Grief steals from you. A ruthless robber who will strip you of everything until you are exposed to the vulnerability of connecting each memory to the experience of grief itself. Of laughter, he laughs in your face, and it will trigger a fresh well of memories of how a particular incident used to make you laugh, or how the distinct smell of Aboniki balm and Ori will make you turn your head, thinking it was your Mama. But you know that it won’t ever happen again. As Adichie writes, “… now we laugh, remembering my father, but somewhere in the background, there is a haze of disbelief. The laughter trails off. The laughter becomes tears, which becomes sadness, which becomes rage. I am unprepared for my wretched, roaring rage.”

Then she wrote, “… rather than succour, my memories bring eloquent stabs of pain that say, ‘This is what you will never again have.’ Sometimes they bring laughter, but laughter like glowing coals that soon burst aflame in pain… a laugh that I will never laugh again. Never has come to stay. Never feels so unfairly punitive. For the rest of my life, I will live with my hands outstretched for things that are no longer there.”

Of memories, grief simply tells you that it has the power to taint even the purest reminders of things you once treasured. It became painful to remember even the slightest things that once made me smile. I could not enjoy the birthday wishes my cousins would sing for me because it was missing the soothing voice of Mama. You see, there’s the ability to abuse even the inanimate. Things ethereal, things cherished, things immaterial, things invisible, things not protected from the overwhelming power of grief. “… part of grief’s tyranny is that it robs you of remembering the things that matter,” Adichie wrote. “His pride in me mattered more than anyone else’s.”

Irrespective, Chimamanda touches carefully on the objects that remind her of her father’s life. These objects that both comfort and haunt — the stones in the driveway to mark his daily exercise, videos she made from trips to Lagos, old sudoku books, the radio that he would always turn off, old photographs and letters that he wrote.

Grief is angry. He is outraged and will lade you with an anchor so heavy that you’re drowned in an unfamiliar sea of anger. Grief will always be angry. 

She described the rising resentment she felt seeing well-wishers that were older than her father had been. That was a blanket of comfort for me, knowing I wasn’t the bitter one for feeling such anger. Why were there people here older than Mama?

“… Needle pricks of resentment flood through me at the thought of people who are more than eighty-eight years old, older than my father and alive and well. My anger scares me, my fear scares me, and somewhere in there is shame, too – why am I so enraged and so scared?”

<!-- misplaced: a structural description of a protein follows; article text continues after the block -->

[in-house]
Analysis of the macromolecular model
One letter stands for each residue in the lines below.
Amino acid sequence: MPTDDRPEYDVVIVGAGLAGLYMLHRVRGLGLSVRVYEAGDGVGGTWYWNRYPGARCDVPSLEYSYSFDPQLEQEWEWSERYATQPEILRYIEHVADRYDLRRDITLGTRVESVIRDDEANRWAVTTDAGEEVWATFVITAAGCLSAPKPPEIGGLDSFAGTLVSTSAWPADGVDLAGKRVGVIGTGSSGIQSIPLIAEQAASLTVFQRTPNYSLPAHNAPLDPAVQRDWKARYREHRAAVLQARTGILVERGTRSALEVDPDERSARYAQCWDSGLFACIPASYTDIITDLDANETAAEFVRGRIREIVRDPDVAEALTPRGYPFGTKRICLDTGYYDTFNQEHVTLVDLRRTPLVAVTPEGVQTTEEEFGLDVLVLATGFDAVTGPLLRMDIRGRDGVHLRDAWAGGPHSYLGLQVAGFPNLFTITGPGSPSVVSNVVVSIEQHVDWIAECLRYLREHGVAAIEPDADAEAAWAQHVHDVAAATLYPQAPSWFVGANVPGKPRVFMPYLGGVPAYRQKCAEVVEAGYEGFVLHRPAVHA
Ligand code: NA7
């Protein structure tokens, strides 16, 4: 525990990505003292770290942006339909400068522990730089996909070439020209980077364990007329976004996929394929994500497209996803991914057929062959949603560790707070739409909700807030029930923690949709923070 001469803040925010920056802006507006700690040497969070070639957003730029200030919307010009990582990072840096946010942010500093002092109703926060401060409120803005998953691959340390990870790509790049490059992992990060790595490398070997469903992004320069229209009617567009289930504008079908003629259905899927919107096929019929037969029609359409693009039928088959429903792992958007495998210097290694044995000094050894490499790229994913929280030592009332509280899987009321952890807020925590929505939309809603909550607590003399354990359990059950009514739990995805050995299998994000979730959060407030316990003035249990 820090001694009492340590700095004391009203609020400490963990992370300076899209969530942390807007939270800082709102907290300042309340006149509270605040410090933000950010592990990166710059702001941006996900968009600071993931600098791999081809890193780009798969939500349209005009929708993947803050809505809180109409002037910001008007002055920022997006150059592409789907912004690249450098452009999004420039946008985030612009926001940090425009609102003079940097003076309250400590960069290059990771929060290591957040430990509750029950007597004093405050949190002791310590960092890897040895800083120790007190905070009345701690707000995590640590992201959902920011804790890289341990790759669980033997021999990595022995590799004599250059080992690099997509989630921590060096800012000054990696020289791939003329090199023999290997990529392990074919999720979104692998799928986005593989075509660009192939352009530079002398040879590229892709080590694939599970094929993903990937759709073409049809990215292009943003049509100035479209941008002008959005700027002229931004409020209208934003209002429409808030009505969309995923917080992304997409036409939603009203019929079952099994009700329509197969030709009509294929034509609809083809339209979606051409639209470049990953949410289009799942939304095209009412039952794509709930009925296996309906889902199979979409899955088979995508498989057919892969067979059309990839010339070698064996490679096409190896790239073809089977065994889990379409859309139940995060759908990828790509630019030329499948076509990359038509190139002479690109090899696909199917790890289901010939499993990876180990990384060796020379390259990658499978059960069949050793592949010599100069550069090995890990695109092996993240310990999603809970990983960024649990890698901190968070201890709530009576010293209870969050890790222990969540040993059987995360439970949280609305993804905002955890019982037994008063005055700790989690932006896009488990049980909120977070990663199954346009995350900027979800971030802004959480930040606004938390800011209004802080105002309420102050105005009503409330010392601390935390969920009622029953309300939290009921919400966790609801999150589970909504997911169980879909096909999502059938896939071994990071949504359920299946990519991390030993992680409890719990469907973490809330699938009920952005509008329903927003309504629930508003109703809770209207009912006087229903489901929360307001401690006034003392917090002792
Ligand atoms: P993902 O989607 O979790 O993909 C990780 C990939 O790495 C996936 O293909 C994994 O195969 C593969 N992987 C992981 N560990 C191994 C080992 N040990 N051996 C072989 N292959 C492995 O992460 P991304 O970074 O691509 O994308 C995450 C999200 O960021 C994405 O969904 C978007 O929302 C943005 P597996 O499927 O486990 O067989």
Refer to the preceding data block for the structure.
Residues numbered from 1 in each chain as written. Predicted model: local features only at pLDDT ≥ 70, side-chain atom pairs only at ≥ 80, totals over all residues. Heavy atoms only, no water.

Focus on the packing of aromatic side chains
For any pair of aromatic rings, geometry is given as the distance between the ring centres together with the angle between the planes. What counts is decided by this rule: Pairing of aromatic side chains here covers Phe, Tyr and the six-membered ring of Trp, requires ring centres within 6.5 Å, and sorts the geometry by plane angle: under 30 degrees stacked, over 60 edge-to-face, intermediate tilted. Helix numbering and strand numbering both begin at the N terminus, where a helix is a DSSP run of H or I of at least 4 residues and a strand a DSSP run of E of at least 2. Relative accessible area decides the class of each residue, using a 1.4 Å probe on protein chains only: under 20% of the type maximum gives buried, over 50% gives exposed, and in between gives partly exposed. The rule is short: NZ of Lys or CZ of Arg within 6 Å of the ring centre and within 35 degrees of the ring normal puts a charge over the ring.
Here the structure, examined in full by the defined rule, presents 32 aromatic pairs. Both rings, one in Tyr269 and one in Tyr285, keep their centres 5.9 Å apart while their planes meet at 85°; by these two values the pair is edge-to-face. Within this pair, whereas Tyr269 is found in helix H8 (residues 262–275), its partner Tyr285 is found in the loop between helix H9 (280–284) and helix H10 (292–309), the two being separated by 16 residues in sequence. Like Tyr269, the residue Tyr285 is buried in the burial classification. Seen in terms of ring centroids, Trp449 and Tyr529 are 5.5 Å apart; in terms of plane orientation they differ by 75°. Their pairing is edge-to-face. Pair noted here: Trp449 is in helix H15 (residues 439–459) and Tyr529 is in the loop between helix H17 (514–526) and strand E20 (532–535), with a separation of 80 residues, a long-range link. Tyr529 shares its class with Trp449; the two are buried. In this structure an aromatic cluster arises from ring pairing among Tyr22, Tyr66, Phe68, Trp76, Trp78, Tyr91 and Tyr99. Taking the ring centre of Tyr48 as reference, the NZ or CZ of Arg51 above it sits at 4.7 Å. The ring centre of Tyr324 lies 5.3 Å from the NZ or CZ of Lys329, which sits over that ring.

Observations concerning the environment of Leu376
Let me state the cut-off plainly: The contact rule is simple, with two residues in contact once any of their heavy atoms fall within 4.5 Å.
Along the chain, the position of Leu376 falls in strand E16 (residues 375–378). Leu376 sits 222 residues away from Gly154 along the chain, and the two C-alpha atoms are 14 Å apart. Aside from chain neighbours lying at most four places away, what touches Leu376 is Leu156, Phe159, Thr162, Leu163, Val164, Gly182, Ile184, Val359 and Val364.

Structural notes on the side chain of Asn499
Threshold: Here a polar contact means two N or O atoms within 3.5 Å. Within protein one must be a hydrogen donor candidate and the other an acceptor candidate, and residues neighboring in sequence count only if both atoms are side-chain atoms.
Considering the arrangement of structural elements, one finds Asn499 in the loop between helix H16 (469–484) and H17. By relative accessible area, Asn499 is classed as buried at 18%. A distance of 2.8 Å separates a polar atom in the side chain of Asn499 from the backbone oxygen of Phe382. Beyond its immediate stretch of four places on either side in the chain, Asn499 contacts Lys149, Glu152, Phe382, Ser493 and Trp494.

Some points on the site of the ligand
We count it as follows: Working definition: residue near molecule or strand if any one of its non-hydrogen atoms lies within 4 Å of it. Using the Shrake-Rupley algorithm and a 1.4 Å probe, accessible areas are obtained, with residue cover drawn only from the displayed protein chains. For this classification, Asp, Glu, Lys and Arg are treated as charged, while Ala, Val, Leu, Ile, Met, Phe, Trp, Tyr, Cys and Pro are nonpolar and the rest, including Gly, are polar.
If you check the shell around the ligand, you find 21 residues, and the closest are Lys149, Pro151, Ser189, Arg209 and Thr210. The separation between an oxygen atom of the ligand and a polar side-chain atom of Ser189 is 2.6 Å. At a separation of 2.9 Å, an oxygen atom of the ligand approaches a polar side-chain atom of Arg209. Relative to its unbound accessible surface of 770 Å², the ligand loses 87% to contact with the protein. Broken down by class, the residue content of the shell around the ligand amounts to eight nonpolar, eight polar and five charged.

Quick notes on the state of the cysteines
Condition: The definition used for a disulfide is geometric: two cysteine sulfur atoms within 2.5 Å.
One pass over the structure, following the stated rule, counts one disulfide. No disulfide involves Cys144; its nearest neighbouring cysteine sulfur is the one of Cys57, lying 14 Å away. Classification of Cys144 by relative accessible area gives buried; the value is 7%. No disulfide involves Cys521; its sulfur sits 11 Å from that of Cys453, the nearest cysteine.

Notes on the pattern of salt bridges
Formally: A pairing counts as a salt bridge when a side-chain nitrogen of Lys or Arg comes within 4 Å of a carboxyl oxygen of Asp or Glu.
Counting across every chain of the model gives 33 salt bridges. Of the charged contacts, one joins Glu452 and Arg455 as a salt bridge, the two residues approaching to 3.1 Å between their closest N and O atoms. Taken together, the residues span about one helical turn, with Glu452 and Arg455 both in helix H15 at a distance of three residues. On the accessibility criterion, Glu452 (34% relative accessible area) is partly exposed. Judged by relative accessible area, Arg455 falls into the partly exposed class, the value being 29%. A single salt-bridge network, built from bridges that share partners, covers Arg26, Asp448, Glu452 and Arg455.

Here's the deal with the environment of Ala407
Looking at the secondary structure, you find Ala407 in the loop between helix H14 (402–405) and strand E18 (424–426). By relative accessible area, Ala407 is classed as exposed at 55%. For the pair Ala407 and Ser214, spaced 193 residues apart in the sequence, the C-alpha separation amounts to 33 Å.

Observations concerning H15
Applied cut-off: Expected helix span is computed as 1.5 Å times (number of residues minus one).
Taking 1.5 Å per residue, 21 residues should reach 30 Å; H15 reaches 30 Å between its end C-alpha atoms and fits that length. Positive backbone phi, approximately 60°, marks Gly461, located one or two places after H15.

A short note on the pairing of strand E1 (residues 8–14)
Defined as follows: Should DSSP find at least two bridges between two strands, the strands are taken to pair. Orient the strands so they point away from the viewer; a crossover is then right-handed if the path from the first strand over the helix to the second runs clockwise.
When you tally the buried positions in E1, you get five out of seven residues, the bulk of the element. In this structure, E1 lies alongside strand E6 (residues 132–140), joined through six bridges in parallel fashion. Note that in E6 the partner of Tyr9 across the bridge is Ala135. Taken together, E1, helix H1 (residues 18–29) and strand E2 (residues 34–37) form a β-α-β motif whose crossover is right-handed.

All of her friends’ attempts to comfort her with expressions of sympathy and well-intended wishes fall short, are ineffective, or are just irritating. Such a word as “demise” is hated ferociously. In her words, “‘Demise’. A favourite of Nigerians, it conjures for me dark distortions. ‘On the demise of your father.’ I detest ‘demise’.”

People saying “he is resting” were particularly annoying to Adichie. “He could very well be resting in his room in our house in Abba,” she says. And when people emphasise that her father lived a long life, she takes little consolation. “Age is irrelevant in grief; at issue is not how old he was but how loved.”

When I look back on this, I wish to show those who questioned my feelings and thought that they were childish. I was aware of Mama’s advanced age and deteriorating health, but I still wanted her to be with me because I cherished her so much. Like a young girl who loves her own mother, I adored Mama.

In describing her journey of grasping at illusions that grief conjures, Adichie creates a story of mourning that is both haunting and emotional, reflecting the fragmentation of the self after the death of a beloved one, in this case, her dear father. She ties it all with the intertwining of the two sides of suffering—grief, and love (after all, love is suffering)—with a line from her previous novel, “Grief was the celebration of love. Those who could feel real grief were lucky to have loved.” Words that now seem “exquisitely painful” to hear.

Grief is hurt and pain and unwavering colours of disbelief that daze you. You learn the things no one tells you about coping. No one told me grief was anguish on days I’d feel the phantom pain of you being cut away from me. No one told me it would cripple me, kicking me off my feet, cutting off the legs you gave me, and letting me fall deep into chasms when I realise you’re not coming back. You’re not coming back, are you?

That is why Adichie ended her memoir with words that displayed the depths of her agony and echoed, “I am writing about my father in the past tense, and I cannot believe I am writing about my father in the past tense.” I can’t believe I’m writing about “Mama Aboi” in the past tense.

For me, writing this was as eye-opening as it was hard. I know that loss comes with certainty in life. I have experienced the deaths of loved ones and friendships ending, mourned as a part of a dying country, been a third party to a divorce, and tried to offer condolences to those who experience loss. Still, words appear flimsy in the face of grief.

Very few people talk about how, although grief hits like a torpedo after death, death has no monopoly over grief. Loss equalises things. Whether it be the end of a precious relationship, a nasty divorce, the loss of a dream, or a miscarriage, there is a jaded comfort in that we will all feel a baseline emotion one day. 

One day, maybe another loss will visit me, and when grief, its obstinate cousin, comes knocking on my door, how will I welcome it and send it packing? But amid that comfort is the dreadful knowledge that someday loss will come calling in a different form, and I will not know how to send the grief it brings away.

So, as I grieve, I will remember that I feel this way because I’ve loved. And when subsequent grief arrives, whether invited or not—when it arrives because endings are an unavoidable part of life, when it arrives in all of its ugly and vile shades, when it arrives wanting to settle in a home not built to withstand it—remember to make it uncomfortable because, no matter how long it stays, grief is a stranger.